For module projects, there should be an auto-complete field to allow project maintainers to list similar modules.

This data should be used to provide a link in the "Resource" section on the project page to "Compare Similar Modules" with data such as:

  • Date of first Release
  • Last Updated
  • Usage
  • and any other automated data which can be useful in module comparison

In addition, this should encourage developers to work together.

Files: 
CommentFileSizeAuthor
#4 Views Related Project.png92.55 KBphilbar

Comments

I like it.

Perhaps, though, ordinary users should be able to add to the block.

i totally agree with this idea

additionally, other features could be implemented on the project data, as listed in these issues for Upgrade Status module:
http://drupal.org/node/936628 (see the drafts >=0.3)
http://drupal.org/node/937738

they are mostly relevant to an upgrade path for future releases/upgrades of drupal, but also comparisons of modules.
these could be project release XML tags, but also general project XML tags.

i'm throwing some more in this issue along with those:
(on the left, the XML tag names; in the middle, which info goes in; on the right, how this info is inputted from the UI)

  • companions: projects which are good companions to this module (related features which integrate well, but don't overlap with the module) - autocomplete, multiple values
  • similars: comma-separated list of projects which are similar in functionality (better or not) - autocomplete, multiple values
  • alternatives: projects which are alternatives in functionality (same or better) - autocomplete, multiple values
  • recommended: projects which are the recommended upgrade/alternatives to this project (the best alternative or more if required) - autocomplete, multiple values
  • activity: active, supported, unsupported, abandoned, deprecated, no info (noinfo) - selection box
  • priority: required, optional, critical, no info (noinfo) - selection box
  • portability: in core (incore), ported backward (portbackward), ported forward (portforward), ported forward extras (portforwardextras), ported major (portmajor), being ported (beingported), no port (noport), no info (noinfo) - selection box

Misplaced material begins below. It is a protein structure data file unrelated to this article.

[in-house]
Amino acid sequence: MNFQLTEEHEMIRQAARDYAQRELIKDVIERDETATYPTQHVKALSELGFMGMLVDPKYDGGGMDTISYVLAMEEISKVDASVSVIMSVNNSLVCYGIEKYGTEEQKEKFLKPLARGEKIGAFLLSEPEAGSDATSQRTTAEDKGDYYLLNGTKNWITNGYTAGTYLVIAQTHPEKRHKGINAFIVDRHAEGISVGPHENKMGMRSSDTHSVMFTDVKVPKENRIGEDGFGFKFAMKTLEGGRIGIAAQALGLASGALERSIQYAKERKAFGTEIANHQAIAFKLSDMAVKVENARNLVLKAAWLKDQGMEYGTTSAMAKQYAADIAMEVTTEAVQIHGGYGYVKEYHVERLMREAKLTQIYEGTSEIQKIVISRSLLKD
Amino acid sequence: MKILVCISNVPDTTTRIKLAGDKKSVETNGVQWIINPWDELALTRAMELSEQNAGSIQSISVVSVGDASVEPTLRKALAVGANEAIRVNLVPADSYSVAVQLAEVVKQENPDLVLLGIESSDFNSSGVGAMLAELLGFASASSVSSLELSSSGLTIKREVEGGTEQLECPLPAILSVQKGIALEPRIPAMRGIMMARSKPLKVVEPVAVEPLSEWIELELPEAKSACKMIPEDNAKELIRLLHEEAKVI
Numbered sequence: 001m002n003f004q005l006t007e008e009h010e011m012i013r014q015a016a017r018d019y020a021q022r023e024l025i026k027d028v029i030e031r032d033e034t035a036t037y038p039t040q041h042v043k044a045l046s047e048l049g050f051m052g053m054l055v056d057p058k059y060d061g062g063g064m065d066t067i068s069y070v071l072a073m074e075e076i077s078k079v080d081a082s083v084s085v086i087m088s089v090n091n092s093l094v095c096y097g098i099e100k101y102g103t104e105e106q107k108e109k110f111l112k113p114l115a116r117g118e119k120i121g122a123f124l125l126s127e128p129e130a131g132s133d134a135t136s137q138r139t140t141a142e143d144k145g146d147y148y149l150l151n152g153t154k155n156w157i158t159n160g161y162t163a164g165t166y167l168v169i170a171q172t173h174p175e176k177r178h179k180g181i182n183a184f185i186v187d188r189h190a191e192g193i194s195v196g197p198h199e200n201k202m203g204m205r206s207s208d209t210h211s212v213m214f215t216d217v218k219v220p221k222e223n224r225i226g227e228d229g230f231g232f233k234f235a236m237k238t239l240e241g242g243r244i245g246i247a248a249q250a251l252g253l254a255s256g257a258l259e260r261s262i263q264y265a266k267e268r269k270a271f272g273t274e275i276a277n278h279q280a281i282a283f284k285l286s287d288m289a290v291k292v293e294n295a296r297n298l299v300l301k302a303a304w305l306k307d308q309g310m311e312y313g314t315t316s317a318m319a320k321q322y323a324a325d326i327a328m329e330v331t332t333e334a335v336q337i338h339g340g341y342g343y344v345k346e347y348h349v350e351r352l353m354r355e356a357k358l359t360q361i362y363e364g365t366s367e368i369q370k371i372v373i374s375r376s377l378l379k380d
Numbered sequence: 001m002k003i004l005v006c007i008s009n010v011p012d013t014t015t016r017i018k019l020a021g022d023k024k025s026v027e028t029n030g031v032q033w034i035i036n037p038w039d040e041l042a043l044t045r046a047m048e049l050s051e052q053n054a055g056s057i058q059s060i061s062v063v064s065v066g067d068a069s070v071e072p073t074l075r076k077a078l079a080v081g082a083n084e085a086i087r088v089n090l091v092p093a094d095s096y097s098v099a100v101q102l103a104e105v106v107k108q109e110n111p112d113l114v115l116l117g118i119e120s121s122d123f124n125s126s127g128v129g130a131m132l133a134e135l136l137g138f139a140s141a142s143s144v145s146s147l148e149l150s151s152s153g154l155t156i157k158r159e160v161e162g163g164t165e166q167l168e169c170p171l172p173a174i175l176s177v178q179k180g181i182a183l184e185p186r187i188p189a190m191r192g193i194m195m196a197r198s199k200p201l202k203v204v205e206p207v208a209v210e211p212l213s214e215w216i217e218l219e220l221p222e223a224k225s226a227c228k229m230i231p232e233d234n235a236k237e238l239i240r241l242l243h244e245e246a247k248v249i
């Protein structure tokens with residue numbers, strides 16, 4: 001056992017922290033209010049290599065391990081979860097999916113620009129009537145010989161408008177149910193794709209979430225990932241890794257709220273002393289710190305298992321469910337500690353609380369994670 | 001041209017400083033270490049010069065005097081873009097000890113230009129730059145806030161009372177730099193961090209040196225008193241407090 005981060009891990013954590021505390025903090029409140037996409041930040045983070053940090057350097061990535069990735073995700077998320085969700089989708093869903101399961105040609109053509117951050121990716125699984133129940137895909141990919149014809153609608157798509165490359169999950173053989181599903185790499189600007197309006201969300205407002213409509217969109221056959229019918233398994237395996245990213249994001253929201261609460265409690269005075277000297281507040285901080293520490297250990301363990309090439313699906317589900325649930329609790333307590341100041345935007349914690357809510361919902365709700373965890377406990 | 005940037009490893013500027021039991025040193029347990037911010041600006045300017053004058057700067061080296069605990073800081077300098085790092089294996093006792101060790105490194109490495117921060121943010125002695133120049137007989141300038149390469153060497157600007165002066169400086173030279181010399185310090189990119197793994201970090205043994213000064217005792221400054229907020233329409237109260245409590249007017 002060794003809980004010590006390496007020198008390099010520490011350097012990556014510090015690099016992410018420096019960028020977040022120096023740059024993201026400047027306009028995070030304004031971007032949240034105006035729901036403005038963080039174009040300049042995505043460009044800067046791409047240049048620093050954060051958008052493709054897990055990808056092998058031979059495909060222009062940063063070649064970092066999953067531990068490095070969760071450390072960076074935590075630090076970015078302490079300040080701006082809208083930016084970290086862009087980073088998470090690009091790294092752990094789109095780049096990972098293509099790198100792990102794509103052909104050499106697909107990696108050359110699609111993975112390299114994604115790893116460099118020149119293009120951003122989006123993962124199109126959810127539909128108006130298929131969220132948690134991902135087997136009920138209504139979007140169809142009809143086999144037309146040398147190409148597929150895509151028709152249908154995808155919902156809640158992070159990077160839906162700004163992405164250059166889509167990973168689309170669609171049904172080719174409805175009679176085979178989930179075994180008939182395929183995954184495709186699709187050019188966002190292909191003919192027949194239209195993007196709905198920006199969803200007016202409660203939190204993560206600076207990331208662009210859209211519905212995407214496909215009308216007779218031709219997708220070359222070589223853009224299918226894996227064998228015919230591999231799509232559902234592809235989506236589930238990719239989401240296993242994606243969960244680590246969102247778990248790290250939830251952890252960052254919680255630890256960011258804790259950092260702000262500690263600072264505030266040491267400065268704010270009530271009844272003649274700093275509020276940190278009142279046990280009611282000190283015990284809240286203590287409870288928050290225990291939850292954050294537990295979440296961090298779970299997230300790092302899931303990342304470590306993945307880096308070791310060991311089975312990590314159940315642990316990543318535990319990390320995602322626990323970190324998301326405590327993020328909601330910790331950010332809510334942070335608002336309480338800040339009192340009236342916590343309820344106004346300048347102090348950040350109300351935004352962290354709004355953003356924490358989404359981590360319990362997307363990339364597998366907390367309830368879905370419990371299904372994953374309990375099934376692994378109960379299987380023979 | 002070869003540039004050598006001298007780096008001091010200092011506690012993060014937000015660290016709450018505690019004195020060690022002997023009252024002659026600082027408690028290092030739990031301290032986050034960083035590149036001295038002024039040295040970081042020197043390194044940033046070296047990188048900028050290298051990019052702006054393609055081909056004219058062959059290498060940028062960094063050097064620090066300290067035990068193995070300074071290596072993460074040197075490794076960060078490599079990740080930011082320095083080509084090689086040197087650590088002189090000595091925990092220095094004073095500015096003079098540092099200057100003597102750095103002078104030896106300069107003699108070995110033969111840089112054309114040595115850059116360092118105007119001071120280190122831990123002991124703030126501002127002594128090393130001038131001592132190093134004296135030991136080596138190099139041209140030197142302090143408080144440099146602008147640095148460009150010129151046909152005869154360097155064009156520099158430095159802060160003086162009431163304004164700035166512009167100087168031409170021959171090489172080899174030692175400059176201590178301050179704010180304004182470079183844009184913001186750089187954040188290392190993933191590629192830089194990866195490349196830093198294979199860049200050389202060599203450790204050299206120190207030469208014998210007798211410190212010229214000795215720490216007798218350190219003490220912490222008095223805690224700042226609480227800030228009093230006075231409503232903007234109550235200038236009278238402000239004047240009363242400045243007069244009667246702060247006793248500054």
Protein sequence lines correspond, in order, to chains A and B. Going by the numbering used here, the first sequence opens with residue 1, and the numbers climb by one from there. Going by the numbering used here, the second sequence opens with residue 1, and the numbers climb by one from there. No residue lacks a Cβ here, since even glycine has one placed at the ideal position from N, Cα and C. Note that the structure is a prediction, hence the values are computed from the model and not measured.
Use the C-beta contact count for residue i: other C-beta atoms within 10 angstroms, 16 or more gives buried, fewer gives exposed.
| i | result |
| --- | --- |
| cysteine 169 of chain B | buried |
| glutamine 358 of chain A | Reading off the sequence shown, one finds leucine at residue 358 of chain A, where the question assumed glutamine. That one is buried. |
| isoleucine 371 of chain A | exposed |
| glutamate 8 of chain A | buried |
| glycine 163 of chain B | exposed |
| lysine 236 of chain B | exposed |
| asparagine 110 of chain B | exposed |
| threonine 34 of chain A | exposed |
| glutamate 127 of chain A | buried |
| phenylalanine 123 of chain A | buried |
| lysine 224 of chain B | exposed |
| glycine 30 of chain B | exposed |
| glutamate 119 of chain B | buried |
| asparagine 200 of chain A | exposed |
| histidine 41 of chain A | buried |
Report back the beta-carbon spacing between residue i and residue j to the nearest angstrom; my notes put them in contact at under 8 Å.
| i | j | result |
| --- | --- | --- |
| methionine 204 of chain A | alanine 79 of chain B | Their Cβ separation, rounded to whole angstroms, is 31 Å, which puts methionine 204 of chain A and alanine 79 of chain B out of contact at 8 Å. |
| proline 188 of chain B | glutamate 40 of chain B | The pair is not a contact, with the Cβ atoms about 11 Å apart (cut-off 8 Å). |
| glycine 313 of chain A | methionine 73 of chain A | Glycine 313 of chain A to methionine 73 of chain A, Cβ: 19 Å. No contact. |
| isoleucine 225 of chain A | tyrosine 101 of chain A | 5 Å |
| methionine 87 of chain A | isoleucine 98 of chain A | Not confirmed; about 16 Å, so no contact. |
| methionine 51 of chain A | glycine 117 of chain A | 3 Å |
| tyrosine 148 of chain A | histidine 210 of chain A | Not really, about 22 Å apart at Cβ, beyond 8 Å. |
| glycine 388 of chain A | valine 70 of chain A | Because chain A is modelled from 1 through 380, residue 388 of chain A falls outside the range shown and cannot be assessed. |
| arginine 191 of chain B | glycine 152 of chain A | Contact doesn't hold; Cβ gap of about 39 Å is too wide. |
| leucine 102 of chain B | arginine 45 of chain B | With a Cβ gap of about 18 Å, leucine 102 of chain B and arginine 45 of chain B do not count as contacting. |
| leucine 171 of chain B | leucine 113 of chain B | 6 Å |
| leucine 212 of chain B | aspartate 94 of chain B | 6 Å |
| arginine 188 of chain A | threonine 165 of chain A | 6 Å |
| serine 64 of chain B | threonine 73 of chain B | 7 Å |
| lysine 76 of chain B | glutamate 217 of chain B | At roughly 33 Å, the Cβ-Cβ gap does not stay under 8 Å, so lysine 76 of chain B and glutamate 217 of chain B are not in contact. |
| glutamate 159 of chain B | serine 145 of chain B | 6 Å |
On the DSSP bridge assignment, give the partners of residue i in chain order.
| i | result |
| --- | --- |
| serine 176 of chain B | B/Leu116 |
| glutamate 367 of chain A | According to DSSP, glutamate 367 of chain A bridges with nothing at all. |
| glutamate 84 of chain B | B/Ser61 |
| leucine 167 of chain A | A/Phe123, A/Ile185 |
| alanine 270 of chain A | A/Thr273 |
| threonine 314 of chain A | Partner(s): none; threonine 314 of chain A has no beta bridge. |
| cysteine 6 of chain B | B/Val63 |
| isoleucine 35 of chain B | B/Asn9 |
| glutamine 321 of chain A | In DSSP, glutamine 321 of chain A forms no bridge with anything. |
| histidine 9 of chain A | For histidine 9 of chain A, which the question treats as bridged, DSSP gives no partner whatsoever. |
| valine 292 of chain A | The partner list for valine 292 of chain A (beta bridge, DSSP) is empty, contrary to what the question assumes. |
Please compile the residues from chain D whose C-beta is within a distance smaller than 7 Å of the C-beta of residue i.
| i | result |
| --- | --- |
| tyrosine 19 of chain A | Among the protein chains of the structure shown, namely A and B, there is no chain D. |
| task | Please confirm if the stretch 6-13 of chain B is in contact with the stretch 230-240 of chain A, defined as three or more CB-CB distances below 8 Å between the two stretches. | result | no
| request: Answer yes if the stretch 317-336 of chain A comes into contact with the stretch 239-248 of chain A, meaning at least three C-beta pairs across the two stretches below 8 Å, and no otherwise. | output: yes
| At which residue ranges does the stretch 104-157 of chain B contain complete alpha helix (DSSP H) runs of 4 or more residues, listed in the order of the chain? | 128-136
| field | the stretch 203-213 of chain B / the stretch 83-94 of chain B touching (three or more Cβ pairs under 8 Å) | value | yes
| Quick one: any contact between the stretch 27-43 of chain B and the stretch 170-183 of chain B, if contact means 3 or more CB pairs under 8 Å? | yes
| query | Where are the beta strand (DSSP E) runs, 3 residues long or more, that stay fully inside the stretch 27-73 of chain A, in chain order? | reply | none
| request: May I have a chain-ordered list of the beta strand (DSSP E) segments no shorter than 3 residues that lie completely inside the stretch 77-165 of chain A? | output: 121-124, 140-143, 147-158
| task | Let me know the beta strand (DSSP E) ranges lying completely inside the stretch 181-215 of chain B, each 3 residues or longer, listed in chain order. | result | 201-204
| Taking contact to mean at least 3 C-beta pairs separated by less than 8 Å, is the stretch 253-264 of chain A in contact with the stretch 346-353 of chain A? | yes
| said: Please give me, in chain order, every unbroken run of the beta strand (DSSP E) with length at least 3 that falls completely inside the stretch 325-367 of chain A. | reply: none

• versioning: stable, unstable, outdated, in development (dev), no info (noinfo) - selection box
  • feature: test module, data manipulation, content rating, permissions page helper, top menu, dashboard, admin sidebar, etc ... - autocomplete, one value, users can input anything or pick from what is autocompleted
  • notes: release notes - textfield
  • urls: urls with more info (like issues, bugs, how tos, help, etc) - multiple URL fields, like in cck, with their description

multiple values would be stored as comma-separated values inside the XML tags (most cases) or as multiple elements (urls with descriptions).

this way, since they are outputted to XML (example views 6.x), they can be read by modules like Upgrade Status or by Drupal itself.

from the drafts i wrote before:

<version>6.x-3.x-dev</version>
<companions>extras_for_test</companions>
<similars>test1,test2,test3</similars>
<alternatives>test4,test5,test6</alternatives>
<recommended>devel,core</recommended>
<activity>active</activity>
<priority>optional</priority>
<portability>forward</portability>
<versioning>dev</versioning>
<feature>test module</feature>
<notes>"<p>Hello world</p>"</notes>
<moreinfo name="upgrade-info" url="http://www.example.com/node/upgrade" />
<moreinfo name="known-bugs" url="http://www.example.com/node/bugs" />

also, a main category for modules.
the ones that show on Module Categories at http://drupal.org/project/modules

those same categories should be mapped to a short string, like administration, wysiwyg, etc
and be outputted with the XML file as well, perhaps as <category>administration</category>

possible use cases of this category tag:
- filtering modules by category in drupal or upgrade status module
- installing modules inside the corresponding category name at /sites/all/modules
- could also be applied to themes and other project types

for the second use case, there is no problem that i know of. example: /sites/all/modules/administration/admin_menu
i have made setups following that idea, with hundreds of modules, and never had issues.